Rudy Kurniawan, a high-flying California-based wine dealer and collector who once bought and sold millions of dollars worth of wine annually, was arrested by the FBI at his southern California home on the morning of March 8 and charged with five felony counts of wire and mail fraud. The charges center on sales of allegedly counterfeit wines.
In a statement, U.S. Attorney Preet Bharara said, "As alleged, Rudy Kurniawan held himself out to be a wine aficionado with a nose for a counterfeit bottle, but he was the counterfeit, pawning off prodigious quantities of fraudulent wine himself to unsuspecting auction houses and collectors." The complaint alleges that for years Kurniawan financed an extravagant lifestyle by buying and selling millions of dollars of wine and borrowing cash from multiple sources without fully repaying. The complaint also reveals that Kurniawan has been living in the U.S. illegally since 2003, when an immigration court ordered his deportation.
Kurniawan's attorney Luis Li of Munger Tolles & Olson told Wine Spectator that the charges "are being evaluated." Shortly after Kurniawan's arrest, a judge initially ordered him released on a $175,000 bond, secured by property. But after prosecutors expressed their concern that he would flee, the judge stayed his decision, pending appeal. At that hearing, prosecutors said a search of Kurniawan’s home had turned up materials used in the counterfeiting of wine bottles, according to news reports. A hearing is scheduled for April 9 concerning the Justice Department's request to send Kurniawan to New York for trial. If convicted on all charges, he faces a maximum of 20 years in federal prison.
Kurniawan played a major role in the wine auction market over the past decade. In 2006, New York-based auction house Acker, Merrall & Condit sold about $38 million of wine at two auctions, all of it consigned by Kurniawan. The second of those auctions fetched $24.7 million, still a record for a single sale. But Kurniawan has been at the center of controversy since a 2008 Acker sale when the auction house withdrew 84 bottles of Burgundy he had consigned, allegedly from Domaine Ponsot .
The arrest is the result of years of work by the FBI's art squad, which investigates fraud in high-priced collectibles. A key piece of evidence emerged last month, when California-based Spectrum Auctions withdrew more than 100 bottles of wine attributed to two of Burgundy’s most prestigious domaines from a London auction. Before the sale, a California collector and Burgundy lover, Don Cornwell, had voiced his suspicion on several websites that the wines had originated with Kurniawan. After the proprietors reviewed photos of the bottles and determined that they were not authentic, Spectrum pulled them. Jason Boland, Spectrum’s president, denied that Kurniawan had been the consignor.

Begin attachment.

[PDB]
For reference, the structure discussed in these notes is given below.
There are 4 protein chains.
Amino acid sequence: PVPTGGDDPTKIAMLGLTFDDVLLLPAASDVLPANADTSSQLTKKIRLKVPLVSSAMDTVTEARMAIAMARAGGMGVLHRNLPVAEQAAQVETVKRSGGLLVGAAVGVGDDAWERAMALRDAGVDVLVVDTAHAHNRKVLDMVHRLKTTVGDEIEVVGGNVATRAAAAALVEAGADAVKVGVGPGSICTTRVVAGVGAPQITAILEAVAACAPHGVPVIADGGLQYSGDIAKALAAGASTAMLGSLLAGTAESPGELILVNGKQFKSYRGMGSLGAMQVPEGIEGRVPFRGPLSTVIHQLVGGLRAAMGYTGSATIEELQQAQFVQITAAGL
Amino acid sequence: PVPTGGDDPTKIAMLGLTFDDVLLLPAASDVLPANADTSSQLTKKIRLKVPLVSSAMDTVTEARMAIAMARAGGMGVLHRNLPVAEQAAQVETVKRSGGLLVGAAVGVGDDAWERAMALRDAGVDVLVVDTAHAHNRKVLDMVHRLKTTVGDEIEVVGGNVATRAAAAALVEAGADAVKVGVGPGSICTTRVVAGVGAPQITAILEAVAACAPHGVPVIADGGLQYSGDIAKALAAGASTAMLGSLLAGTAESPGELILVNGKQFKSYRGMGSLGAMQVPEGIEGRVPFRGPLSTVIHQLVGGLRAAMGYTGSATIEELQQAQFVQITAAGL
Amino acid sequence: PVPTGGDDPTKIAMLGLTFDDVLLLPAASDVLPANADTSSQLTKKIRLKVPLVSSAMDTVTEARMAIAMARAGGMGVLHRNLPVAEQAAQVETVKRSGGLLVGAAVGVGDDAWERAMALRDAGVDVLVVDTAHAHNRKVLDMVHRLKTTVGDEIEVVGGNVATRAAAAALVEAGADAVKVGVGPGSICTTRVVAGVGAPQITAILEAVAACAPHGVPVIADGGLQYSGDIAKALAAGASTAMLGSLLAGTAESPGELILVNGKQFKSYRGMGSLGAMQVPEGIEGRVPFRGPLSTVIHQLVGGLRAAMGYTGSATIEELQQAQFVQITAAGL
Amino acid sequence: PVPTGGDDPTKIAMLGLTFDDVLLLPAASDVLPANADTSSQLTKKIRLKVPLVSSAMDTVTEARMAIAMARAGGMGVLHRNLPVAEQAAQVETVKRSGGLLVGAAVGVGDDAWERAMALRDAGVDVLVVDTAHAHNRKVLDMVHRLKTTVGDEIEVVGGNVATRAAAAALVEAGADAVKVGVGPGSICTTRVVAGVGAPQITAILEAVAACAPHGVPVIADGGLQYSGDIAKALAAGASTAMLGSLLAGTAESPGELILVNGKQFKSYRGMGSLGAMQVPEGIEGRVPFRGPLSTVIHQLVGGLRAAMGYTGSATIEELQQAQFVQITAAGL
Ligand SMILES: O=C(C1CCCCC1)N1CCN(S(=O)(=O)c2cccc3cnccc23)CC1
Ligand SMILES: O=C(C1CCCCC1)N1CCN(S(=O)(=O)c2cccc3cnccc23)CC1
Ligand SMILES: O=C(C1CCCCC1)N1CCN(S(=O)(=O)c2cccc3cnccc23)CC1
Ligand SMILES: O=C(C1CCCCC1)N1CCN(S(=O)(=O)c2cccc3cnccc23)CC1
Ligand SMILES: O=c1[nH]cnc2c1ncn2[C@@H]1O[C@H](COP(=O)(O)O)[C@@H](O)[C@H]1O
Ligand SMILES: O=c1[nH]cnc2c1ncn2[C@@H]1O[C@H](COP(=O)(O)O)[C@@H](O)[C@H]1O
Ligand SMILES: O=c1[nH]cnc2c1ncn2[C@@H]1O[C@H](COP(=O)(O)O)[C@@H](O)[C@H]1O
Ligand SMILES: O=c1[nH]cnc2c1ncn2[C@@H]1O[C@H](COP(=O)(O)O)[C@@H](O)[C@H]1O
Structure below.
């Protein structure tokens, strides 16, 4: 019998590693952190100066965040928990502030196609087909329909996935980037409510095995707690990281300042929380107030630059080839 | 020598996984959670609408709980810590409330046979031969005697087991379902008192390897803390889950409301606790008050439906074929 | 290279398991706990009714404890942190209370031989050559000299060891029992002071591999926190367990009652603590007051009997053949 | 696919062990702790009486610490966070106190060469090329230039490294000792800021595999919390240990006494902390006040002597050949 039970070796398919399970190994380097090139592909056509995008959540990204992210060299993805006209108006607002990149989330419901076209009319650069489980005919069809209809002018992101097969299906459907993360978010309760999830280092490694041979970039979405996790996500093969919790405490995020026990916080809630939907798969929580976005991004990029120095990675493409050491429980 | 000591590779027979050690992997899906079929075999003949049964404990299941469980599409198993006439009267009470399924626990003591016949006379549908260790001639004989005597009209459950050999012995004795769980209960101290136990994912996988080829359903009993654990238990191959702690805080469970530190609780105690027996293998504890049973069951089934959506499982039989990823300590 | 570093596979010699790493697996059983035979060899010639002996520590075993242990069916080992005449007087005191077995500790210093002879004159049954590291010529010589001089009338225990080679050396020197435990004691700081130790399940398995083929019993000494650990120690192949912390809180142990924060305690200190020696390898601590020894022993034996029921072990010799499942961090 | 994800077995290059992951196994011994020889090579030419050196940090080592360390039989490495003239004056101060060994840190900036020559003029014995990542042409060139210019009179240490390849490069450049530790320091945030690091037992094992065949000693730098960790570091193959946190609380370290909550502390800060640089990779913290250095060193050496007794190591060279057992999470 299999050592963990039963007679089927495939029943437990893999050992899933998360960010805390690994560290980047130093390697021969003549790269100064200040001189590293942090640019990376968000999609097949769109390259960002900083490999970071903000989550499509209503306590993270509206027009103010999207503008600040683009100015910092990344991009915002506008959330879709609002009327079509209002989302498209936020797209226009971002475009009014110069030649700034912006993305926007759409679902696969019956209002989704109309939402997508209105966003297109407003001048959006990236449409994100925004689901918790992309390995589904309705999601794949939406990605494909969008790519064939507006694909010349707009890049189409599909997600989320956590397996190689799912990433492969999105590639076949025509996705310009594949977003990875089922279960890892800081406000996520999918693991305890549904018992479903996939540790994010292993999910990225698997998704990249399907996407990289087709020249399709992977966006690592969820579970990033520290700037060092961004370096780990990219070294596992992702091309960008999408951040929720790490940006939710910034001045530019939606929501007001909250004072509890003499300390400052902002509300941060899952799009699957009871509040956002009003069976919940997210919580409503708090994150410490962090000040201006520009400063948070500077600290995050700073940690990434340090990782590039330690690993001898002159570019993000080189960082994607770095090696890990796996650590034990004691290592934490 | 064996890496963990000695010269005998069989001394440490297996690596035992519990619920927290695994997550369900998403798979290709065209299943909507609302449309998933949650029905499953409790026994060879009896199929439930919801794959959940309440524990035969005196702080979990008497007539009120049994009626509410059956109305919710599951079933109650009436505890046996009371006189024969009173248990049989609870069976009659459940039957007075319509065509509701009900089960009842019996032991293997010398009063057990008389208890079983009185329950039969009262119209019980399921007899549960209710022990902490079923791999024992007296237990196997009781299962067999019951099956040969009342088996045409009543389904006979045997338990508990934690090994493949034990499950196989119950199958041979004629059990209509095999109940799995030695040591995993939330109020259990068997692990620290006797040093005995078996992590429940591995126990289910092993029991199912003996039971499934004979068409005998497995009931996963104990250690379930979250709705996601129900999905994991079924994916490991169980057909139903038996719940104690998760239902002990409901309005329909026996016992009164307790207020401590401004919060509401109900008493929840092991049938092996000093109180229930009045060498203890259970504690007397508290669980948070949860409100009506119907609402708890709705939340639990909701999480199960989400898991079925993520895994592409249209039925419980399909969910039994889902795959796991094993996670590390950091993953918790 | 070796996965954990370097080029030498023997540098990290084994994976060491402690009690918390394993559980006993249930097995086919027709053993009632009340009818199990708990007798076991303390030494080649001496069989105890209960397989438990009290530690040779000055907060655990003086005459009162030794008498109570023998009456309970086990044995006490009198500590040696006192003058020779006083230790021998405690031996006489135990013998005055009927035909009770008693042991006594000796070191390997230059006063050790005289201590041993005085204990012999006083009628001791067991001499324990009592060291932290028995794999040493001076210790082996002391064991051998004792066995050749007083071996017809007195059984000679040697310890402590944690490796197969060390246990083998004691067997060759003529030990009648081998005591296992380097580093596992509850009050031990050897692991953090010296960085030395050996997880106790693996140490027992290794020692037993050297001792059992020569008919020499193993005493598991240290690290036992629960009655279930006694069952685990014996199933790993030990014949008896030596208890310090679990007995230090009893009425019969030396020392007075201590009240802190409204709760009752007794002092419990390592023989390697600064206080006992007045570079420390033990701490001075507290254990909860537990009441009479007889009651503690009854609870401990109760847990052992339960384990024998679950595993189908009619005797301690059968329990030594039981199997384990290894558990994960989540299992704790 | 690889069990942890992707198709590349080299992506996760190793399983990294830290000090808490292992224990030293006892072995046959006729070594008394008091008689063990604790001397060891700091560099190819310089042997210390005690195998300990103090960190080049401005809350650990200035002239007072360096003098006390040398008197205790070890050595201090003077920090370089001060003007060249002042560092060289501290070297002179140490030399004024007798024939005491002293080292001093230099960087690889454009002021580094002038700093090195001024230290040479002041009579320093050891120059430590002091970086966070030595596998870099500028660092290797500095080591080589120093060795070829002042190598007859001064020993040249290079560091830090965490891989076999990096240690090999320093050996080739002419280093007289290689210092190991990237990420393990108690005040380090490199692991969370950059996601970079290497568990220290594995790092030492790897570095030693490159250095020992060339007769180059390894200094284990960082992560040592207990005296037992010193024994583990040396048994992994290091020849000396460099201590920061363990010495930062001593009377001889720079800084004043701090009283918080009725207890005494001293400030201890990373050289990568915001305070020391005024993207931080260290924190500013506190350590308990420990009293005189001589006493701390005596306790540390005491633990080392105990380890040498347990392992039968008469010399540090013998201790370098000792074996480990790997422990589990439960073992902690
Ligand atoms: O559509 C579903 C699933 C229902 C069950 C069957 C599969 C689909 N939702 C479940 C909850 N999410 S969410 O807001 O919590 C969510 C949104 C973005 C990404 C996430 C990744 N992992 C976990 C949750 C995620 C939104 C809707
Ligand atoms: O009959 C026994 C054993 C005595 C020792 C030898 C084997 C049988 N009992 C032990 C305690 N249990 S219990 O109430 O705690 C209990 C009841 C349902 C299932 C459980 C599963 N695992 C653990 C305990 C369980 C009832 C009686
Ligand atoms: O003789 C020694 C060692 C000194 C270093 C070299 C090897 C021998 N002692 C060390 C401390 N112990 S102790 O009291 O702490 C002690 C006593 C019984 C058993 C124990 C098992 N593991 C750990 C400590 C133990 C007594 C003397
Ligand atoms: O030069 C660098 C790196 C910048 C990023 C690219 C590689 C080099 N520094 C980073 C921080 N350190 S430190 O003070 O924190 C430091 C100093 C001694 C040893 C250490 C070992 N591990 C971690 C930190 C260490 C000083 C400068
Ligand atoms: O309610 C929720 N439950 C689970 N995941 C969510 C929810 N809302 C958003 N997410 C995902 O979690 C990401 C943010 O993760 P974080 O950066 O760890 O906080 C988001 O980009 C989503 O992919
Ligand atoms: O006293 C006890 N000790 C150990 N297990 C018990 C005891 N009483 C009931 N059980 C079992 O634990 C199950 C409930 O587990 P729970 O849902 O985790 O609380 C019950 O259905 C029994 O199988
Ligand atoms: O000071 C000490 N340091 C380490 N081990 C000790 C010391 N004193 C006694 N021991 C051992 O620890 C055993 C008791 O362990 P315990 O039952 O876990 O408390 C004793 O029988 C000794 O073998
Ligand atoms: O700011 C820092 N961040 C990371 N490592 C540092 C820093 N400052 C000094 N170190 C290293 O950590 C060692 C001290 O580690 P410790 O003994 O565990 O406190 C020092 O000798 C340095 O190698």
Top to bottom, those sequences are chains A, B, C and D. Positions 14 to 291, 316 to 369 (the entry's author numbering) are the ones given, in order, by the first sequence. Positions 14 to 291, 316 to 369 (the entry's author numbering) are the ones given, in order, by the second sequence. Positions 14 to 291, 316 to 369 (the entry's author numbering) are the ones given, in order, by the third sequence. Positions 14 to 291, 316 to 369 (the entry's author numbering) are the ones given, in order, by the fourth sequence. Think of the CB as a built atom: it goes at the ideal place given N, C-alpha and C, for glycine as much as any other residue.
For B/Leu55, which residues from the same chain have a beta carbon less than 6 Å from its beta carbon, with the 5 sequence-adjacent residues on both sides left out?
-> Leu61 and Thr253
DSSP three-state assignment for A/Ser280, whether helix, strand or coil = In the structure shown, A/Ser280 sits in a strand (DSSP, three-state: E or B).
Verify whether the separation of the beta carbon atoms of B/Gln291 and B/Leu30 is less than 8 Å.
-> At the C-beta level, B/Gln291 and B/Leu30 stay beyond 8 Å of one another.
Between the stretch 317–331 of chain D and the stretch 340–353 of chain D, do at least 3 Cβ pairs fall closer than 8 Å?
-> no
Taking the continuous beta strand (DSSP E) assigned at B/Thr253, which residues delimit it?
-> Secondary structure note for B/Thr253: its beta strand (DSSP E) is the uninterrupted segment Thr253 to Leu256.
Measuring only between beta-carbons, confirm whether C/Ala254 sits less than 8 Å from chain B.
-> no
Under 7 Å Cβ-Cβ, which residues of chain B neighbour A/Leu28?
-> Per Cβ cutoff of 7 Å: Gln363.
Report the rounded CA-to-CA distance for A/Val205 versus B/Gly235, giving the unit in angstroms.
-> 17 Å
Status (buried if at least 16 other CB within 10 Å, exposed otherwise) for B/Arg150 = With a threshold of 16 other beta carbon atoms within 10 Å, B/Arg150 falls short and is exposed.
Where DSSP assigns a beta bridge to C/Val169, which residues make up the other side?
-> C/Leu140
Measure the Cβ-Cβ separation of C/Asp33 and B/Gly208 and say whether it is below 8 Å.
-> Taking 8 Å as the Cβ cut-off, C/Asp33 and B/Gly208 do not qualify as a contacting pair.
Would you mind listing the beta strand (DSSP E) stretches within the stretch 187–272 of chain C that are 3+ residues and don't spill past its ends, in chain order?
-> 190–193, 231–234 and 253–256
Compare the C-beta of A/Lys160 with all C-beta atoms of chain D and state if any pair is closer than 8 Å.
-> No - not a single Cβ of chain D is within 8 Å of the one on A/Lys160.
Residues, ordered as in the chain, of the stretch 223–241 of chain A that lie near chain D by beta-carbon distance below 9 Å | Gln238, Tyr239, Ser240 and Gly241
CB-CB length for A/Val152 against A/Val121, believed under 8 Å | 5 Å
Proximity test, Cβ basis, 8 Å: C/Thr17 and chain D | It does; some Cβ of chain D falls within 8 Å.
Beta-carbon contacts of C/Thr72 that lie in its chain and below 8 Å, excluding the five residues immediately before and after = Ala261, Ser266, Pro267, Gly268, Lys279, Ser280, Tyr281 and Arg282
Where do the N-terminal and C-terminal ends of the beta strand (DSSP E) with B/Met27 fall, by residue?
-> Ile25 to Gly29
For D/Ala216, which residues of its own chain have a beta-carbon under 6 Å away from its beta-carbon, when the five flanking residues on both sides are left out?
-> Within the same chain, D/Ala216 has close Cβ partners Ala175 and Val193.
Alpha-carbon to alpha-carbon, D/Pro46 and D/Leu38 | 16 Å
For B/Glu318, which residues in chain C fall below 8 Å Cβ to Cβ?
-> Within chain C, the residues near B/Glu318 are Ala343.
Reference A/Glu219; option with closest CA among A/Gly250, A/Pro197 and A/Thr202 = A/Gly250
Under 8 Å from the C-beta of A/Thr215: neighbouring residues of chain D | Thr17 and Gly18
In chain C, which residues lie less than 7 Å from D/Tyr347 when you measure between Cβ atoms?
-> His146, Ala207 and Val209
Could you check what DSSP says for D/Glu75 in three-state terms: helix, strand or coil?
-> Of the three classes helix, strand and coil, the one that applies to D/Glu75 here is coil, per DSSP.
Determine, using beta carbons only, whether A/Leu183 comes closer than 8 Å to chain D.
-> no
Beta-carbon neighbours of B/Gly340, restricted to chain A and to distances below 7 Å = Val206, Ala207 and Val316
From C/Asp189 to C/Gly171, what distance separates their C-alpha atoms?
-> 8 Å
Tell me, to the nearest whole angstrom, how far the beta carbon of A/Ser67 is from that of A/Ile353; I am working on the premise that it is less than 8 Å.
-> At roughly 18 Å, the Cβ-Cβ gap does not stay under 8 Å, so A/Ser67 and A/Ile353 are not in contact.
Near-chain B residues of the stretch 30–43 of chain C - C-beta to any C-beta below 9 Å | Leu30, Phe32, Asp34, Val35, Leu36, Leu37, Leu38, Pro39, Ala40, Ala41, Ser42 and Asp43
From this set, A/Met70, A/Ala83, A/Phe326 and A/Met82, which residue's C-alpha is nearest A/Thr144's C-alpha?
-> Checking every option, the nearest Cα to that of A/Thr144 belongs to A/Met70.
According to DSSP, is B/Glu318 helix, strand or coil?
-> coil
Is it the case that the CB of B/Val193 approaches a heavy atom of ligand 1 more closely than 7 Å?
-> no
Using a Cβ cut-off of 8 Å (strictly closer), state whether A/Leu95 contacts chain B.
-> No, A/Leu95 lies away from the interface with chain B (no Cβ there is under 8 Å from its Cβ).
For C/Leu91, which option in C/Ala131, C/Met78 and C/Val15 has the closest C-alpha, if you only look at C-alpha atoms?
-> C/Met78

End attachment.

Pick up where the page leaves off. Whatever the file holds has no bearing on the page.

The FBI has come to a different conclusion. In its 50-page complaint, filed in a New York federal court, Kurniawan, believed to be 36, was accused of attempting to defraud potential bidders by “using a nominee to consign wines” to the Spectrum auction. Those wines, supposedly from Domaine de la Romanée-Conti and Comte Georges de Vogüé, included the most expensive lot in the catalog: a case of Romanée-Conti 1971, estimated at $125,000. If authentic, the 78 total bottles were estimated to sell for approximately $736,500.
Little is known about Kurniawan's origins, but he became a fixture at wine auctions in the early part of the past decade. He claimed to be the son of a wealthy Chinese-Indonesian businessman. Kurniawan quickly became known for buying huge amounts of collectible Bordeaux and especially Burgundy. He was also an art collector.
For most of the players in the Kurniawan imbroglio, money is the main issue. But that’s not the case with Laurent Ponsot, who continues to try to identify the source of the wines that Kurniawan tried to pass off as precious old wines from the family domaine. "For two years now, I have been in close contact with FBI agents devoted to the case of fake wines. And we have had multiple meetings in New York to work on this together," Ponsot told Wine Spectator. "And now, I think that his accomplices should also be identified and arrested, if they are in France, Hong Kong or anywhere on the planet. Rudy has been advised by someone with extensive knowledge of Burgundy." Ponsot believes he knows who those accomplices may be, and says the investigation is not over.
Click to enlarge these photos, provided as evidence by the U.S. Attorney's office for the Southern District of New York when it requested a stay of the bail conditions for Rudy Kurniawan. The U.S. Attorney's office stated in the bail appeal document that the images were taken when the FBI searched Kurniawan’s home and found and seized, among other things, the following: